LaShawn Merritt showed the world Tuesday he is one of the favorites to win the 400-meter gold medal at the 2012 Olympics.
Now it's up to the Court of Arbitration for Sport to decide whether Merritt can run in London, from which he currently is banned.
If it rules against him, sport's "Supreme Court" will concede that the International Olympic Committee is above the law.
That's the situation after Merritt came back from a 21-month doping suspension to win the silver medal behind Grenada's Kirani James in the 400 at the World Track and Field Championships in Daegu, South Korea.
"It's a sweet medal,'' Merritt said after clocking 44.63 to James' 44.60. "I got No. 2 at the world championships without a lot of races."
To be exact: just one, July 29, in the 23 months before this worlds, where his participation was uncertain until early July. Yet Merritt showed the determination to keep his head down and train to regain most of the form that had earned him gold medals at the 2008 Olympics and 2009 worlds.
In a first-round heat, Merritt ran the fastest time in the world (44.35) this season. But his race rustiness was apparent in start reaction times that were by far the slowest in every round.
Merritt is banned from the London Summer Games because the IOC's panjandrums don't concern themselves with things like double jeopardy, equity and the doping code to which they subscribe.
Here are the basics of the complicated case:
*Merritt tested positive three times from October 2009 through January 2010 for an anabolic steroid contained in a male enhancement product, ExtenZe, he admitted to using. Under the World Anti-Doping Code, that called for a 24-month ban.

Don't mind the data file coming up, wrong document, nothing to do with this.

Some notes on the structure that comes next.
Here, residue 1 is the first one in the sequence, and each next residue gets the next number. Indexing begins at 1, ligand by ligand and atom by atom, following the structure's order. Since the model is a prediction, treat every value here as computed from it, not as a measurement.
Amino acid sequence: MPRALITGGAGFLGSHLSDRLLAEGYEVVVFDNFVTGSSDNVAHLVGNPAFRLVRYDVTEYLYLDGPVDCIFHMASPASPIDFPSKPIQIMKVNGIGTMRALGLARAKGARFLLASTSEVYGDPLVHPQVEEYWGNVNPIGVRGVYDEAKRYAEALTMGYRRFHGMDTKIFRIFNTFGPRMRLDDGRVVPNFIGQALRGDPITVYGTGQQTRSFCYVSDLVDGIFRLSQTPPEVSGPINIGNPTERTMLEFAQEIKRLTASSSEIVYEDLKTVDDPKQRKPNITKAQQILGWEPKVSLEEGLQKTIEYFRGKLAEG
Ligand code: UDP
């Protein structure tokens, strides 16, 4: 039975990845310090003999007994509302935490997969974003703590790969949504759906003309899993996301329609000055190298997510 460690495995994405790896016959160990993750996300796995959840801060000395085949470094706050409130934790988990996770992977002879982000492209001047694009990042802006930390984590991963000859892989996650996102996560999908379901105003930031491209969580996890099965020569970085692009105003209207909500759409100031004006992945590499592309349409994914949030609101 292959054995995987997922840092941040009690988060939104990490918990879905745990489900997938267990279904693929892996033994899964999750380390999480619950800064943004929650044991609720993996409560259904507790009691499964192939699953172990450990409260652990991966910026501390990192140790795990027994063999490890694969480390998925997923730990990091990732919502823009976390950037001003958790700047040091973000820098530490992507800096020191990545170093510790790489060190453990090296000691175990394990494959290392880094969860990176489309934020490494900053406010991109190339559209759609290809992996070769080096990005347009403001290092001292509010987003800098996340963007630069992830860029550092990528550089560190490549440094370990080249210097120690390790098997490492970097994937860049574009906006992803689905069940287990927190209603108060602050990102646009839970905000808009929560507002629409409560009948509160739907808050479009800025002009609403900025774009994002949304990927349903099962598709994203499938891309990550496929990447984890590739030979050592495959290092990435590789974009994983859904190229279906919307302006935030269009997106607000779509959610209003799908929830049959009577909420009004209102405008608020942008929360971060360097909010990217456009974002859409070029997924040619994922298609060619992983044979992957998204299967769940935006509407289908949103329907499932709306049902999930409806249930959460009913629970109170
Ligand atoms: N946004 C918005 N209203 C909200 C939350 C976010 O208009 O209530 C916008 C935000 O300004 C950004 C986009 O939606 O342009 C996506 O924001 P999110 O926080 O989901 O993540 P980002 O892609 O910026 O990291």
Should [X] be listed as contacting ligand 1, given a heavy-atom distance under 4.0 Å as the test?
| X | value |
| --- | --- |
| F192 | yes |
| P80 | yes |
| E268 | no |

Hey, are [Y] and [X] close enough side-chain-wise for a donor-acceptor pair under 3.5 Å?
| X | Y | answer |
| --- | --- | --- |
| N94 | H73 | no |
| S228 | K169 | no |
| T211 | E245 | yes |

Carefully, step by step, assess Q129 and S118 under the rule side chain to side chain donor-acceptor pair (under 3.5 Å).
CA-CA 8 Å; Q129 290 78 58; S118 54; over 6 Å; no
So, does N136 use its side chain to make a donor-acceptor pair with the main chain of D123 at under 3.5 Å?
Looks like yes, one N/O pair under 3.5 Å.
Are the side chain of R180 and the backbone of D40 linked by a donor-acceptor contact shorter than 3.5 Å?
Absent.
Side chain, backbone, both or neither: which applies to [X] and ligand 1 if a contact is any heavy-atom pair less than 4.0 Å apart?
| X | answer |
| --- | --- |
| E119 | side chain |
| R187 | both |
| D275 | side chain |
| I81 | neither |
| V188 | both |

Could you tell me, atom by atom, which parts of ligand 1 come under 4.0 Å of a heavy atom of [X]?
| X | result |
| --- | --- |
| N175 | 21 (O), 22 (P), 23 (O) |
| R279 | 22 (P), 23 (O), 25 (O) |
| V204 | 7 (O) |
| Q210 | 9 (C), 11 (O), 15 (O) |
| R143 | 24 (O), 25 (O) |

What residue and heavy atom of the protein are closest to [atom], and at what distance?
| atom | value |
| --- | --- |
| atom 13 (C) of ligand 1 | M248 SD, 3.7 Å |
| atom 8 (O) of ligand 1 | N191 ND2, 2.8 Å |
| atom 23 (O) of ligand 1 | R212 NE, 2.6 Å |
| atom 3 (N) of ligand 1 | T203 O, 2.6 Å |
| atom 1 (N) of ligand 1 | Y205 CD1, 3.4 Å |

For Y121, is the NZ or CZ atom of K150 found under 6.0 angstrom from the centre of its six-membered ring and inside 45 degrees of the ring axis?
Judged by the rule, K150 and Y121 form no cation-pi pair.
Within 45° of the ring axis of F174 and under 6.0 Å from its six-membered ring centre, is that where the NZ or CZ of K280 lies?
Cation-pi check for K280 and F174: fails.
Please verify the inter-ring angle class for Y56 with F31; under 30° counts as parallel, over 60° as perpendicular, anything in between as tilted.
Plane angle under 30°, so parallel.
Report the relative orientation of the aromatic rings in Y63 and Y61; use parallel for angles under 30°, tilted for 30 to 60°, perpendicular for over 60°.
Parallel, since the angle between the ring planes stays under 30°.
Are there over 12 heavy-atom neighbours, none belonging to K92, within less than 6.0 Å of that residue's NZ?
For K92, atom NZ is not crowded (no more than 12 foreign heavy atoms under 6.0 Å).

*In a ruling last October on a Merritt appeal, the American Arbitration Association reduced the ban to 21 months, saying the runner accidentally took the banned substance and made a "painful and humiliating confession'' about the source of the drug.
*But, under the holier-than-thou IOC rule Rule 45 passed in June, 2008, Merritt cannot compete at the next Olympics because he received a doping ban of six months or longer. The AAA said that constituted double jeopardy, since it effectively gave Merritt a 34-month ban, but it did not have final jurisdiction in that part of the appeal.
*The U.S. Olympic Committee and the IOC agreed in April to ask CAS for a ruling on the matter well before the 2012 Olympics to avoid messy and costly legal problems at the 11th hour. CAS has heard the case; a decision is expected in September.
As recently as last week, IOC President Jacques Rogge contended disingenuously the issue is "not a matter of sanctions, but it's a matter of eligibility."
That's apparently how one does the hocus-pocus to turn a two-year ban into what could be a six-year ban as it relates to the Olympics.
USA Track & Field allowed Merritt to use the worlds wild card he had earned as defending champion even though he did not meet the stipulation of competing at this year's national meet -- because the ban did not end until after nationals. That showed common sense (and, yes, probably the desire to avoid a lawsuit.)
The IOC actually showed common sense in a similar case involving U.S. swimmer Jessica Hardy, who also could have been banned from London because of her one-year drug ban following a July 4, 2008 positive. The IOC will let Hardy compete in London because it decided -- arbitrarily, like most IOC decisions -- there was little chance she knew of Rule 45, since it was passed just three days before she tested positive.
(How's this logic: ignorance of a banned substances in a supplement was no excuse for Hardy; ignorance of the law was.)
There is no such loophole to allow the IOC to look magnanimous toward Merritt, who has served the requisite sentence for his doping crime.
That leaves it up to the Court of Arbitration for Sport to render justice -- which boils down here to simple fairness - by siding with Merritt.
To rule otherwise would make CAS appear to live in the pouch of the IOC's kangaroo court.Copyright © 2014, Los Angeles Times